The DJI Phantom series are incredibly easy to use thanks to the integrated software and hardware and the smart functionality in the DJI GO app. However, you should still make sure to always have full control over your aircraft, even when using automatic functions such as auto-takeoff and auto-landing. Keep both hands on the control sticks to maintain control throughout each flight.

    ·
     
  11. Mark The Droner

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    Most experienced pilots don't calibrate every flight. And there's usually no need for a new owner to calibrate every flight either.
     
  12. QuadBart

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    +1

    While I'd never go against what the manufacturer recommends, personally, I only do it if I shift more than 150 miles in location. I've been 75 miles away from my initial compass cal. location and experienced no issues.

    Compass cal is quick so, its no biggie to do it before you fly every time.

     
  13. Mark The Droner

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    This has been discussed here dozens and dozens of times. In summary, if you have a good calibration, it usually doesn't make sense to calibrate because you risk losing your good calibration and acquiring a bad calibration. Hope this helps.
     
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  14. QuadDoc

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    Thanks, that helpful. I almost messed up not calibrating at all on my maiden flight. So, I guess its ideal for me to do the 'Drone Dance' when moving to new location or battery reinserted. My kids love watching that too !
     
  15. dirkclod

    dirkclod Moderator
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    Mine do too , I do it like this :)
    monkey cal.gif
     
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  16. QuadBart

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    So what if its been discussed ad nauseam. DJI recommends doing this prior to every flight. If one choose to "not follow" what DJI recommends thats up to the owner. I'd never recommend to anyone going against what the manufacturer recommends.

    Cause when it comes down to it if they find in the data you didn't do a compass calibration and that had something to do with the crash are YOU going to pay for it? Is the OP going to say, "Well on phantompilots they said it wasn't necessary to do everytime?"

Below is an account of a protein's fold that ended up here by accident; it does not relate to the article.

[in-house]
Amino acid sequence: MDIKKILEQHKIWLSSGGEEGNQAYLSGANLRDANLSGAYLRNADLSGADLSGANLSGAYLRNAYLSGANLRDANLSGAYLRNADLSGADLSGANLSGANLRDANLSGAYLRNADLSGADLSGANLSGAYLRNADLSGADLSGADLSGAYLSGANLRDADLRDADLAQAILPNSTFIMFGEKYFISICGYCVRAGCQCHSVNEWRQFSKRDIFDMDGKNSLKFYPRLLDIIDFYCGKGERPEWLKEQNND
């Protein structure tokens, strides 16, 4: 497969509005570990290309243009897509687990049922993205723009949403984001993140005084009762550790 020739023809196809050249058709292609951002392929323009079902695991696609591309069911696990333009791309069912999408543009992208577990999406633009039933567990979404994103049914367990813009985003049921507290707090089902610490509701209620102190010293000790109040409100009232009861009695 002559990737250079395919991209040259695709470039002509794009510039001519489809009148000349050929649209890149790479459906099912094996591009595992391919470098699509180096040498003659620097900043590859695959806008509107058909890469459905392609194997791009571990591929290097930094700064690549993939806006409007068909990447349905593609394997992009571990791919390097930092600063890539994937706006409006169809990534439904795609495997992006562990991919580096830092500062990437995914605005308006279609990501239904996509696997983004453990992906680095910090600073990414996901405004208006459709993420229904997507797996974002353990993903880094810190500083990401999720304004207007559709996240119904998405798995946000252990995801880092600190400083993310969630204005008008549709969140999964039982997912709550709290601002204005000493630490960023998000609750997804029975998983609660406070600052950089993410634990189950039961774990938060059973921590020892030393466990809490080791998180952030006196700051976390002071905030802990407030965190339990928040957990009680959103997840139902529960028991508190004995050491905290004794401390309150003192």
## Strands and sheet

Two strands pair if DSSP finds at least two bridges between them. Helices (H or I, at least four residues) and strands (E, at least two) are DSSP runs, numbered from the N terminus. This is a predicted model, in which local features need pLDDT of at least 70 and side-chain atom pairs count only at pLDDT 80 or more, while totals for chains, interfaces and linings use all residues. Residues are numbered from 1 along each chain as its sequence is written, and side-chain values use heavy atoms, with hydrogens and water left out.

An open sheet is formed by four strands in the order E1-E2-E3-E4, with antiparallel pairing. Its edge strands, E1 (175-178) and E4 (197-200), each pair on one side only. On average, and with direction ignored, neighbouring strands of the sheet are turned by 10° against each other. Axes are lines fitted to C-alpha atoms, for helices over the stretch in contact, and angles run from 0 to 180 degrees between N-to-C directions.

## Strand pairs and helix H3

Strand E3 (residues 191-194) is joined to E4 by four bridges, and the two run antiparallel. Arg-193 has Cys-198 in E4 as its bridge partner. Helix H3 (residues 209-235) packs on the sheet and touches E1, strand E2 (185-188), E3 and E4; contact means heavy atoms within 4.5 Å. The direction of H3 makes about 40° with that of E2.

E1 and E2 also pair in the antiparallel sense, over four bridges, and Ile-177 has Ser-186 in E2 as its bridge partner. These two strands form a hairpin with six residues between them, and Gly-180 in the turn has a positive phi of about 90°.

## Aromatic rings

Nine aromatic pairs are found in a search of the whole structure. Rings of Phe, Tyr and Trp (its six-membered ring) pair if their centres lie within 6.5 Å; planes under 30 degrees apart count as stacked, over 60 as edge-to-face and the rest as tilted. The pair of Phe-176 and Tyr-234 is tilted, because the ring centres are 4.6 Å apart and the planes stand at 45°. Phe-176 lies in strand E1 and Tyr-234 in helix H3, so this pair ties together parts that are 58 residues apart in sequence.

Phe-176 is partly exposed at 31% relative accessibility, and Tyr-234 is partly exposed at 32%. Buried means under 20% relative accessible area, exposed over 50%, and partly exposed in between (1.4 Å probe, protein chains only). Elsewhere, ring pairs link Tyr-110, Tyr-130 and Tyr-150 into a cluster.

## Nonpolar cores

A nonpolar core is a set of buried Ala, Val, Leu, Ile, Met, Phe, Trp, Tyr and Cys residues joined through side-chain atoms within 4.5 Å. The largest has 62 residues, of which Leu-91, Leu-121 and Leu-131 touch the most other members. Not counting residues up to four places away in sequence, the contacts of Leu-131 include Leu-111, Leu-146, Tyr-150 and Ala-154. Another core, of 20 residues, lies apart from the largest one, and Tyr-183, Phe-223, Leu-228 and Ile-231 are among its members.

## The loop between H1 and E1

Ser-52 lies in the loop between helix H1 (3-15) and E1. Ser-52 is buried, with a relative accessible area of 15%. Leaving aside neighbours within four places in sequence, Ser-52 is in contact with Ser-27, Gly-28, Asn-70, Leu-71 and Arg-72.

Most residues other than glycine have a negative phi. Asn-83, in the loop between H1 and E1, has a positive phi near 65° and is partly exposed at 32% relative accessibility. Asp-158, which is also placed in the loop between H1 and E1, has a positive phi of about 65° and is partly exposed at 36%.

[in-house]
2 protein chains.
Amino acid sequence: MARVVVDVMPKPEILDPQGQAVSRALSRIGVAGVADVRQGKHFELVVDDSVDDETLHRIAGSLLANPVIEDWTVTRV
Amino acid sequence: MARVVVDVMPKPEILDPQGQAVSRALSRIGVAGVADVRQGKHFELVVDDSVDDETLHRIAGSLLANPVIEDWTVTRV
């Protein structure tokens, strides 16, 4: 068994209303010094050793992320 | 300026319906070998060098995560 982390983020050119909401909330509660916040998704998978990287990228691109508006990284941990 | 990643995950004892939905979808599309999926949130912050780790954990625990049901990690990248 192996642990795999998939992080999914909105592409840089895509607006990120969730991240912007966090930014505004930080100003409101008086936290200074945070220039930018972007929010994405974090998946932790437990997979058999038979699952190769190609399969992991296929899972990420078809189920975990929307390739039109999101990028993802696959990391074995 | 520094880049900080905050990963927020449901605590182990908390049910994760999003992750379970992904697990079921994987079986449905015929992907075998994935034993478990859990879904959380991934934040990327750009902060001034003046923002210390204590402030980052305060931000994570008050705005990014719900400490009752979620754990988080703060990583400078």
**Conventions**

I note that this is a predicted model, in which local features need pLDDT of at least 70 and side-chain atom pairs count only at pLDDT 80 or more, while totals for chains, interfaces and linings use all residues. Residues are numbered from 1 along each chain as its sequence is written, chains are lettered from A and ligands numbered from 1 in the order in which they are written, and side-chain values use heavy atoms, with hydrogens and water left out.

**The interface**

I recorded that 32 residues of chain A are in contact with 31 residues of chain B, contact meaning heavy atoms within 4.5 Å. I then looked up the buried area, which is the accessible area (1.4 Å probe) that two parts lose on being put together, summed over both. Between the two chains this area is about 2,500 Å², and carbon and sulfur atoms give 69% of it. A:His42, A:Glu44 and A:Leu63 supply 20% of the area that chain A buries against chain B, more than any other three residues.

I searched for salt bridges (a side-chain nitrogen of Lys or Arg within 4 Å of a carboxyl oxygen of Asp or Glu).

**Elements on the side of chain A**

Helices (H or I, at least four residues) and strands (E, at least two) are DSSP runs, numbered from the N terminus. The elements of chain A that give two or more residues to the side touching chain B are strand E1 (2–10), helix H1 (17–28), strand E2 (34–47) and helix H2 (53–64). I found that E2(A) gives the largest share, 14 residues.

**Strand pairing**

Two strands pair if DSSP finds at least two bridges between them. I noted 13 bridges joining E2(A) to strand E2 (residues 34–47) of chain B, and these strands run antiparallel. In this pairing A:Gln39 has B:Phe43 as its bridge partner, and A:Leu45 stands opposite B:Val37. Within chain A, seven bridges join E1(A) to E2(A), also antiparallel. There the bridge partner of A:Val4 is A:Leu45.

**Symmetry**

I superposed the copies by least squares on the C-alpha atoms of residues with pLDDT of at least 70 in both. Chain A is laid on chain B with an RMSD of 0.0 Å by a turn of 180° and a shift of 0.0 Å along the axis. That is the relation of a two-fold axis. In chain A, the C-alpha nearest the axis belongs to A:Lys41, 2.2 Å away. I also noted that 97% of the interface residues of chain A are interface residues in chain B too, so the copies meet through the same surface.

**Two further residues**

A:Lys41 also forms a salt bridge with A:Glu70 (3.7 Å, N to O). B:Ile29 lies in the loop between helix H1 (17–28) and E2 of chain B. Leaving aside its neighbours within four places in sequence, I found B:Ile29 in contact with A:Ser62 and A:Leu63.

And if I'm having an issue doing a compass calibration maybe its telling me there is something amiss in that area. Maybe there are major steel pipes running just below the ground that I can't see or maybe there is something the bird is having problems with that I shouldn't fly...

    QUOTE="Marknmd, post: 727319, member: 34683"]This has been discussed here dozens and dozens of times. In summary, if you have a good calibration, it usually doesn't make sense to calibrate because you risk losing your good calibration and acquiring a bad calibration. Hope this helps.[/QUOTE]
     
  17. Mark The Droner

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    Your manual recommends a compass calibration before every flight? Mine doesn't.

    Steel pipes hidden underneath are not going to affect your flight. But they WILL skew your calibration. And that is exactly why you would be better off not calibrating in most cases. The exception is when you know or suspect you already have a bad calibration. Or you're flying in a distant field from the last flight.

    If you want to calibrate every flight, hey, more power to you. Just know that most experienced pilots don't.
     
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  18. dirkclod

    dirkclod Moderator
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    Not just him..I only do one when I go in mine or move my tracker to another location on my bird or do an Adv cal. I never go more than 100 miles from where I live to fly and can't count the times I have been up . Has never in 2 years been an issue .
    And I fly long range and always almost use RTH to come in .Always has .
    so far
     
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  19. MC_

    MC_

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    +1 for read your manual


    Sent from my iPhone using PhantomPilots mobile app
     
  20. dirkclod

    dirkclod Moderator
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    Always read your manual but also listen to lots of others that have been there and done that if you don't get it .
    Then make your own assessment .
    That is what this forum is for .
    Manual leaves a lot out.